Thursday, July 06, 2006

Euchre strategy - Analysis of a euchre hand

There’s a lively debate going on over at the Euchre Science pages. The question is what you should do about the following hand.

Jack of Hearts
Jack of Diamonds
Ace of Diamonds
Jack of Clubs
10 of Clubs

The Ace of Hearts was turned down, and you are sitting in seat 1.

Should you go alone or take your partner along? Should you lead trump or lead the loser? Should the score matter in your decision?

Let’s look at the first question.

Alone or with partner?

In case you don’t much care about all the math, here is the bottom line to this answer first.

Bottom line: Unless your team’s score is 8 points, you should go alone on this hand. If you have 8 points, you should bring your partner along with you, lead 2 trump, and hope for her to have the highest club.

Now the details…
This question is the source of much debate. First, consider all the ways that your partner could possibly help you sweep or march.

A. They have 4 trump and an off-suit winner
B. They have the highest club
C. They are void in clubs and have a trump


A. They have 4 trump.
There are a total of 8568 possible hands that your partner can have. This is found by taking the total number of cards left unseen (18) and figuring out how many ways they can be sorted into groups of 5. Combination of 18 things taken 5 at a time is 8568.

Of these possible hands only 14 will have 4 trump and only 3 of those will have a guaranteed off-suit winner. That means partner will only have a 4 trump helping hand 0.05% of the time. Those aren’t good odds.

B. They have the highest club.
If your partner has the highest club and you’ve saved one of your winner trumps, you can sweep for 2 points. To keep it simple we’ll consider only hands in which your partner has the Ace of clubs. Of the 8568 possible hands, your partner will have the Ace of clubs 2380 times or 27.8%. You’ll have to lead 2 of your trump first and your partner will have to save the Ace but you will sweep under these conditions nearly 30% of the time. Which also means you won’t sweep 70% of the time.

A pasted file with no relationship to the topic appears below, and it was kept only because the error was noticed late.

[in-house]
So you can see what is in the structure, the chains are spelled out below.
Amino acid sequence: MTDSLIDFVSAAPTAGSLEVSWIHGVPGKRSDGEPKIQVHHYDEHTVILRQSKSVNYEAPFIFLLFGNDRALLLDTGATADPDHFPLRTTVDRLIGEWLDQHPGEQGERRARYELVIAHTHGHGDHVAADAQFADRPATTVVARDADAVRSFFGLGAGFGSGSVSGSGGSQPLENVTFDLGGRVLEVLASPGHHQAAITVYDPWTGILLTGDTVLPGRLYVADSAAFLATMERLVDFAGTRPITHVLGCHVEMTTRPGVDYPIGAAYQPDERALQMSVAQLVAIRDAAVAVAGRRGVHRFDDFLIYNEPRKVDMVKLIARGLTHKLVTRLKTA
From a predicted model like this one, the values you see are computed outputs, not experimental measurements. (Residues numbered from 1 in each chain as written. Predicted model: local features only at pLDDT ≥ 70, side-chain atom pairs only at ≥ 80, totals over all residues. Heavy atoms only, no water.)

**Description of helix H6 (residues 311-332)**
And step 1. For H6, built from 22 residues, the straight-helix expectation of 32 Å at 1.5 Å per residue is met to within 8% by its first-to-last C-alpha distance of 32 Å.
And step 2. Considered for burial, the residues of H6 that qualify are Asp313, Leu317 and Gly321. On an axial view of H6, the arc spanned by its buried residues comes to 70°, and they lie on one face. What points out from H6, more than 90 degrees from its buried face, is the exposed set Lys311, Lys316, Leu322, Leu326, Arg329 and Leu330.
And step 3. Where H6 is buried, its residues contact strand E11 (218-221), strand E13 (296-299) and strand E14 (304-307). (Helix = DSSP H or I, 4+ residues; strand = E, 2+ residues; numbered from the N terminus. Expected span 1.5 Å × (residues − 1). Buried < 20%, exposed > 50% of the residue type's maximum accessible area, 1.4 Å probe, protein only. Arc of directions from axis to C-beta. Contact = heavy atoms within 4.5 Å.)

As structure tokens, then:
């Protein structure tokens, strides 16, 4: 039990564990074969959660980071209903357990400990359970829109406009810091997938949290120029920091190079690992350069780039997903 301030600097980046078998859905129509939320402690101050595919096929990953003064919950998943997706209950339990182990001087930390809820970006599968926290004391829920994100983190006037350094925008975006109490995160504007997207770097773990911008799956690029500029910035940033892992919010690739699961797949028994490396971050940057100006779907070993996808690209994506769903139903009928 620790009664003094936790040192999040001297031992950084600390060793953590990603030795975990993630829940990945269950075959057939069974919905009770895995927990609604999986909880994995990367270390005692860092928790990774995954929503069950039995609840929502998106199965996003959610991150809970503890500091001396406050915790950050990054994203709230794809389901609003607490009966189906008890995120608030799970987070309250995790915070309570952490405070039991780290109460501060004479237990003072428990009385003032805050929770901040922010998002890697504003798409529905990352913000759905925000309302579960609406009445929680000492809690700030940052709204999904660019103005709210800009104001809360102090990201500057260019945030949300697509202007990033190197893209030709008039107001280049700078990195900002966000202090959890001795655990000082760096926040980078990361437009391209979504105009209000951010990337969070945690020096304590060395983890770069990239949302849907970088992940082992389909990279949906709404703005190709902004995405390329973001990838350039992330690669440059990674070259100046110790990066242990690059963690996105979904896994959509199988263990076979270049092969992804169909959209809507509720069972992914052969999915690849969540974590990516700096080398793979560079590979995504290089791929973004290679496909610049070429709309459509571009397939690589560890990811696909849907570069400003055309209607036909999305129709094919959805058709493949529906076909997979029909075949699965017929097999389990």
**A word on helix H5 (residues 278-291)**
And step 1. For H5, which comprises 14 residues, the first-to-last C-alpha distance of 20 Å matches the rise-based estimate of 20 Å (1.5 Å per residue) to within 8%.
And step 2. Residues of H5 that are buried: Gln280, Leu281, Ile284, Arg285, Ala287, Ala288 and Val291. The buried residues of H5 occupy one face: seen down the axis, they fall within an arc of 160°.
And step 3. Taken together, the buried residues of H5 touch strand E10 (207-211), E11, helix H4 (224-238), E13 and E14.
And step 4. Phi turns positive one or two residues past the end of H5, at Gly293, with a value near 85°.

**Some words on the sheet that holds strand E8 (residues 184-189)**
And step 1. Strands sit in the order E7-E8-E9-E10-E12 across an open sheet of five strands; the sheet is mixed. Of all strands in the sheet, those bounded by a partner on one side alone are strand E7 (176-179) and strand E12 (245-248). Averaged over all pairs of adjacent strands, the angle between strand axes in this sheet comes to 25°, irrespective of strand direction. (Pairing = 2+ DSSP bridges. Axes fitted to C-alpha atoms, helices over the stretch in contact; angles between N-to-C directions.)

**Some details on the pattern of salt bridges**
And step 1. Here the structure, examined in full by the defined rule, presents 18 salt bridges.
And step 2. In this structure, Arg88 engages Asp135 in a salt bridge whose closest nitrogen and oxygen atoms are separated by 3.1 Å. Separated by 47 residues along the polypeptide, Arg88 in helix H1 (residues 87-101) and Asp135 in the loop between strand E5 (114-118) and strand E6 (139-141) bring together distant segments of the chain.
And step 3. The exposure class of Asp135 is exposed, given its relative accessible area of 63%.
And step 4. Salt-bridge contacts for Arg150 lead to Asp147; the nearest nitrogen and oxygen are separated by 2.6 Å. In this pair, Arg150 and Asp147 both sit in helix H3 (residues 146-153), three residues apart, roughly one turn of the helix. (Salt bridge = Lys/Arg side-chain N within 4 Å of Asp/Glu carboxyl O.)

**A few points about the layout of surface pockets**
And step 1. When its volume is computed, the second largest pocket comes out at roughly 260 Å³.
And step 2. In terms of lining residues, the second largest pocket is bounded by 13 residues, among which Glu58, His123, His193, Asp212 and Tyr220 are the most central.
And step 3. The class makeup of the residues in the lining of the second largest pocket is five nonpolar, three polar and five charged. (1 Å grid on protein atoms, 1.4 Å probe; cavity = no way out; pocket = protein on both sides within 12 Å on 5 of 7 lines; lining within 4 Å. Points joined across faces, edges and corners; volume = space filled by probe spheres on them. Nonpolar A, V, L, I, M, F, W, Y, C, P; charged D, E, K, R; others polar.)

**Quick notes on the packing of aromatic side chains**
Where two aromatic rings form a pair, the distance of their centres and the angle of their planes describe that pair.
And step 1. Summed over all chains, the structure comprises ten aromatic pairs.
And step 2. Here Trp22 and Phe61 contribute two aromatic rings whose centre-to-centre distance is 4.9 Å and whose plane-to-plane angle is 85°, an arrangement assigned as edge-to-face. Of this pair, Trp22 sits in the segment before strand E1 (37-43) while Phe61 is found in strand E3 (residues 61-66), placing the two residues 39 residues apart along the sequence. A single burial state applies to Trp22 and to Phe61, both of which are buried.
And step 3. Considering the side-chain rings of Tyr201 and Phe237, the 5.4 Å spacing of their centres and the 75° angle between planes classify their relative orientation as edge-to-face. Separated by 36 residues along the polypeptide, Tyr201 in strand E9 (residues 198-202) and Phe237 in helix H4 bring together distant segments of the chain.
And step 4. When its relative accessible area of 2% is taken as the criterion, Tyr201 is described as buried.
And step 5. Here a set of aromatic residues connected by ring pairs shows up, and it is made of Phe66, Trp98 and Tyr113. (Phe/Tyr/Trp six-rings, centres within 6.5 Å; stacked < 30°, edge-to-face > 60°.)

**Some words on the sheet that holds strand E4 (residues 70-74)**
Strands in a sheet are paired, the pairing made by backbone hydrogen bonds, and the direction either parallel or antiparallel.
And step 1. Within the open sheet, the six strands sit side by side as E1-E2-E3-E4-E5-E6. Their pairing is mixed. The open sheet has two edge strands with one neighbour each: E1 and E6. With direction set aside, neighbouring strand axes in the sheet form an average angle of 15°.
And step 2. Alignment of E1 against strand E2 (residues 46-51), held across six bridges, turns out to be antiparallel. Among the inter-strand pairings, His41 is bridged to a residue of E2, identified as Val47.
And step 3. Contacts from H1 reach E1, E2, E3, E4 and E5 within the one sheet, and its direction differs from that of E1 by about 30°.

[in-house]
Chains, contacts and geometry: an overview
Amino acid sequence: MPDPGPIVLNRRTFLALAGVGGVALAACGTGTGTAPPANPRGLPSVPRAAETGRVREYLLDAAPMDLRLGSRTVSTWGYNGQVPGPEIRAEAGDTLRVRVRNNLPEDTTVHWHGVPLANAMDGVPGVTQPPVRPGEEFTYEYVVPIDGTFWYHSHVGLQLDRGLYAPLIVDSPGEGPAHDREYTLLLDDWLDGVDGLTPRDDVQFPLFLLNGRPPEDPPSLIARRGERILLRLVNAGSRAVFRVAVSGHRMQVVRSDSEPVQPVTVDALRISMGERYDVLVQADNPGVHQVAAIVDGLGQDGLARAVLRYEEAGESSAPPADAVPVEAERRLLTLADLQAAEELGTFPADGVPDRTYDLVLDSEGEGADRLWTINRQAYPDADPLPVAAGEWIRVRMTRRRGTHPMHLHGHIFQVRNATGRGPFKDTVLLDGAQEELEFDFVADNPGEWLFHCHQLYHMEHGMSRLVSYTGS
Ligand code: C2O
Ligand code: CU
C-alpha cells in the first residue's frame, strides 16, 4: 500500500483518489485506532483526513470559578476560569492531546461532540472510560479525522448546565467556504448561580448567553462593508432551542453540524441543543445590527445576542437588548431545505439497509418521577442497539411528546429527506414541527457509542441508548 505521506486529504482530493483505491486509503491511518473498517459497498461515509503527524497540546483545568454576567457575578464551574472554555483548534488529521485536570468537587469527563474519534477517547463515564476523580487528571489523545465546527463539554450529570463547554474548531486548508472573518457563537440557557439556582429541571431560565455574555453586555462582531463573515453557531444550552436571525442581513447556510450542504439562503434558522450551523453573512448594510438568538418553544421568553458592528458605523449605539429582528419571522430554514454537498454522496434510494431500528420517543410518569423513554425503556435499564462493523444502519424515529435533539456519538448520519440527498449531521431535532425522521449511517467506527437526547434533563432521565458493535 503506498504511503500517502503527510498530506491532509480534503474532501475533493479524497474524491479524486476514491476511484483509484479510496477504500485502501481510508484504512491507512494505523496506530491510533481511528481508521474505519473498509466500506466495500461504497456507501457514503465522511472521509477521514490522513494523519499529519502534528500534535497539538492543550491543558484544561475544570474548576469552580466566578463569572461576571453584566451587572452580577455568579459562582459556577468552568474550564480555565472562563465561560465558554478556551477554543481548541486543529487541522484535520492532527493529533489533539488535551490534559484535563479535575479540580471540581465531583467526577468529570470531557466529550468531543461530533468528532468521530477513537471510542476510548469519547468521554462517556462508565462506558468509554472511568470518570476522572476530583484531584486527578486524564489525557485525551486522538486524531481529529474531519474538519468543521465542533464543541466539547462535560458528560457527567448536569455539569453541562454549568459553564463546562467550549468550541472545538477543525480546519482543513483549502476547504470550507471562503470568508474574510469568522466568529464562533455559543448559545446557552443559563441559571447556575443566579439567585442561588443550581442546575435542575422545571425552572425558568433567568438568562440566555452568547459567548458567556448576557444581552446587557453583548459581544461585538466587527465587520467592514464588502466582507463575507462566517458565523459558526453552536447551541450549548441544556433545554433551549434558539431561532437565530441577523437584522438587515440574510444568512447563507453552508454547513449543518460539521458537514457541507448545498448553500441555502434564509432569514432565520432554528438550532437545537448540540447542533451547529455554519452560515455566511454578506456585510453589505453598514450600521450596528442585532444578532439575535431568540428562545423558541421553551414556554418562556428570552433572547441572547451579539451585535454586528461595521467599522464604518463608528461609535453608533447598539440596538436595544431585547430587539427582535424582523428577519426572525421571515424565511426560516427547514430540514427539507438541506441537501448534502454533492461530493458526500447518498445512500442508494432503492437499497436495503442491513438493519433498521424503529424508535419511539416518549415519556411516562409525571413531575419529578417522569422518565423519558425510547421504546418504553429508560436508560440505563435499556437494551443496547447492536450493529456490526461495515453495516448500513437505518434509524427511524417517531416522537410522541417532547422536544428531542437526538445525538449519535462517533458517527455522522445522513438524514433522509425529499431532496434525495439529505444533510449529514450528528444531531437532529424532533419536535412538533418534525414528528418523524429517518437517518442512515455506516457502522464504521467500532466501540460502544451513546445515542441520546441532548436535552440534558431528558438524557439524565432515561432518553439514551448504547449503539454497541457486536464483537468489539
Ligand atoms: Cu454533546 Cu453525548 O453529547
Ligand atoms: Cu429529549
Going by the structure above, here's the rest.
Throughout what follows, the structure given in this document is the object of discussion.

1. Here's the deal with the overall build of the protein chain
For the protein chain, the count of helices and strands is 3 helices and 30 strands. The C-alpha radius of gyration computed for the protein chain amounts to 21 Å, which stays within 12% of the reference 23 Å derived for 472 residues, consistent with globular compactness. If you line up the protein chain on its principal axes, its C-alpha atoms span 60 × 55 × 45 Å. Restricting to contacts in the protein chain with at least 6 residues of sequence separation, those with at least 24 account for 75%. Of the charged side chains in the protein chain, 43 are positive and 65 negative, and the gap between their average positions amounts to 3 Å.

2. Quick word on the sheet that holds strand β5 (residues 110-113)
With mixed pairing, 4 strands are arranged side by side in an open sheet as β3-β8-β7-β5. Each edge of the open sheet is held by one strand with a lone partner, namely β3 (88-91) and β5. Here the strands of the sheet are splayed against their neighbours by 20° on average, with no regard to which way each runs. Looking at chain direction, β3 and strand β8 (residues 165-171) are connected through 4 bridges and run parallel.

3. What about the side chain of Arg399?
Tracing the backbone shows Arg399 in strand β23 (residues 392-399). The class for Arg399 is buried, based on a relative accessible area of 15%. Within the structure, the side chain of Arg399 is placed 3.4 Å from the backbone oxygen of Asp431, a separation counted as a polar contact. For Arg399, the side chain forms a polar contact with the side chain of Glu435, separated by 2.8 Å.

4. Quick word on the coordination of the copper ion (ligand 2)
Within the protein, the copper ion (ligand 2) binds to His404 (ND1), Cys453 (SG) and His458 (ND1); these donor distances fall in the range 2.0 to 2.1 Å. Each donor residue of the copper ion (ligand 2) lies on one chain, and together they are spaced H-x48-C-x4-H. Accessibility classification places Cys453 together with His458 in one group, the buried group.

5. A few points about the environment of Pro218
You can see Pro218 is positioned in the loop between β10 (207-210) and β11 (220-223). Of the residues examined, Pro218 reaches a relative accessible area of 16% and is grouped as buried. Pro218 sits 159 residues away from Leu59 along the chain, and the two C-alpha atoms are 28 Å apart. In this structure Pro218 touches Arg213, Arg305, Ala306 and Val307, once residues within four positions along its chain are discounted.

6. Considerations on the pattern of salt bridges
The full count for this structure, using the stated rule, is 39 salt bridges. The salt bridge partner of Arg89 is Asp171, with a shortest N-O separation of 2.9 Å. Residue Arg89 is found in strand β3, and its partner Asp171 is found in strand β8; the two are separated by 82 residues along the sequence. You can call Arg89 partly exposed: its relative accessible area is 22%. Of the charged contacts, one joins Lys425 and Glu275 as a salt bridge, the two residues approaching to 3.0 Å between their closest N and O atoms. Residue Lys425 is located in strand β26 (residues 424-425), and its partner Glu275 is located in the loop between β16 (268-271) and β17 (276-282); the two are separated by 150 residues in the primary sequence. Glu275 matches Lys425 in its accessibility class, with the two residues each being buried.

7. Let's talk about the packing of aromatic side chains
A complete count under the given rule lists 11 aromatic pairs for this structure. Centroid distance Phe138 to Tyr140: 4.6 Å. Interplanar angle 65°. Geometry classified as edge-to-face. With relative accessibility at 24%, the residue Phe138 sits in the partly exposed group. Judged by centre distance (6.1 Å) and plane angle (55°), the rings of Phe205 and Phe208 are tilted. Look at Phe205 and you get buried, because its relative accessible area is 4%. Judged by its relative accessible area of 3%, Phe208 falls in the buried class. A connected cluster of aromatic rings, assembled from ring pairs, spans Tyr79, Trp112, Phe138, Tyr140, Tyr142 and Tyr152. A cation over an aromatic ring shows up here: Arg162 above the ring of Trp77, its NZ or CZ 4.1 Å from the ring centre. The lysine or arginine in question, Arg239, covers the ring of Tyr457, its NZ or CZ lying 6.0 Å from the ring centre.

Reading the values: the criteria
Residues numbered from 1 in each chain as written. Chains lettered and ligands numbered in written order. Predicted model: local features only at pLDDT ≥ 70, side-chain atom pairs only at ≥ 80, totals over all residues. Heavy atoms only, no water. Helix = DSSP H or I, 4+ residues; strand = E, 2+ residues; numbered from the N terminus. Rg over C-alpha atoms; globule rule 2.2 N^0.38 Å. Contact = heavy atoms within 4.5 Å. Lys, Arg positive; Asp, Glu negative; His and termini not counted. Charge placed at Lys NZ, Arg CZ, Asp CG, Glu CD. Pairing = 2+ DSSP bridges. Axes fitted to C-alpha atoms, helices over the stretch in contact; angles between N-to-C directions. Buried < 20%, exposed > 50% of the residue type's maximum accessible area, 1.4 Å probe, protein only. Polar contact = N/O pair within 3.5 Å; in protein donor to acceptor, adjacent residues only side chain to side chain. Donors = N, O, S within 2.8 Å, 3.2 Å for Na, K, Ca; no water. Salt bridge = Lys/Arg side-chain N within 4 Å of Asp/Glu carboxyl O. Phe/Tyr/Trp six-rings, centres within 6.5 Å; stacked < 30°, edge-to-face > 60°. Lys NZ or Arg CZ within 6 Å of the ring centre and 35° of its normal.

C. They are void in clubs, have a trump.
Complicated, yes. But a situation like this is not simple. Of the 8568 hands, only 2002 will be void in clubs (23.4%), and 1750 of those will also have a trump. That puts the chances of this sweep at 20%

Unfortunately, none of these situations can occur simultaneously. And the way you play will depend on which of these hand holdings your partner has. Based on the scenarios above, your best play would be option B which gives you a 27.8% chance of a sweep.

However, what are the chances of you making a sweep by going alone?
The chances that the 3 clubs are buried (either in partner's hand or in the uh kitty) and you make your loner is 6.86%. That was found by the following simple combination equation.

1. Number of unknown cards = 18. (24 - your 5 cards - the turned down card)
2. Number of cards that can foil your loner = 3 (A, K, & Q of clubs)
3. Number of possible opponent distribution of unknown cards = 43,758 (combination of 18 things taken 10 at a time)

4. Number of possible opponent distributions that don't contain any of the cards that can foil you = 3003 (combination of 15 things taken 10 at a time)

5. 3003 / 43,758 = 6.86%

Now, I believe we can also add in the times when the opponents have a lone Queen of clubs because after you've played your 3 trumps they probably dumped the lone Queen in favor of other cards. This improves your chances as follows.

6. Number of possible opponent distributions that are either void of clubs or could contain the lone Queen of Clubs = 8008. (combination of 16 things taken 10 at a time)

7. 8008 / 43,758 = 18.3%

So you should expect to make a loner with this hand a little more than 1 out of every 6 times.

Game theory comparison.
Expectation alone = 4 * 18.3% + 1 * 81.7% = 1.55 points
Expectation with partner = 2 * 27.8% + 1 * 72.2% = 1.28 points

Over the long run, going alone will get you more points and that’s what you should play.

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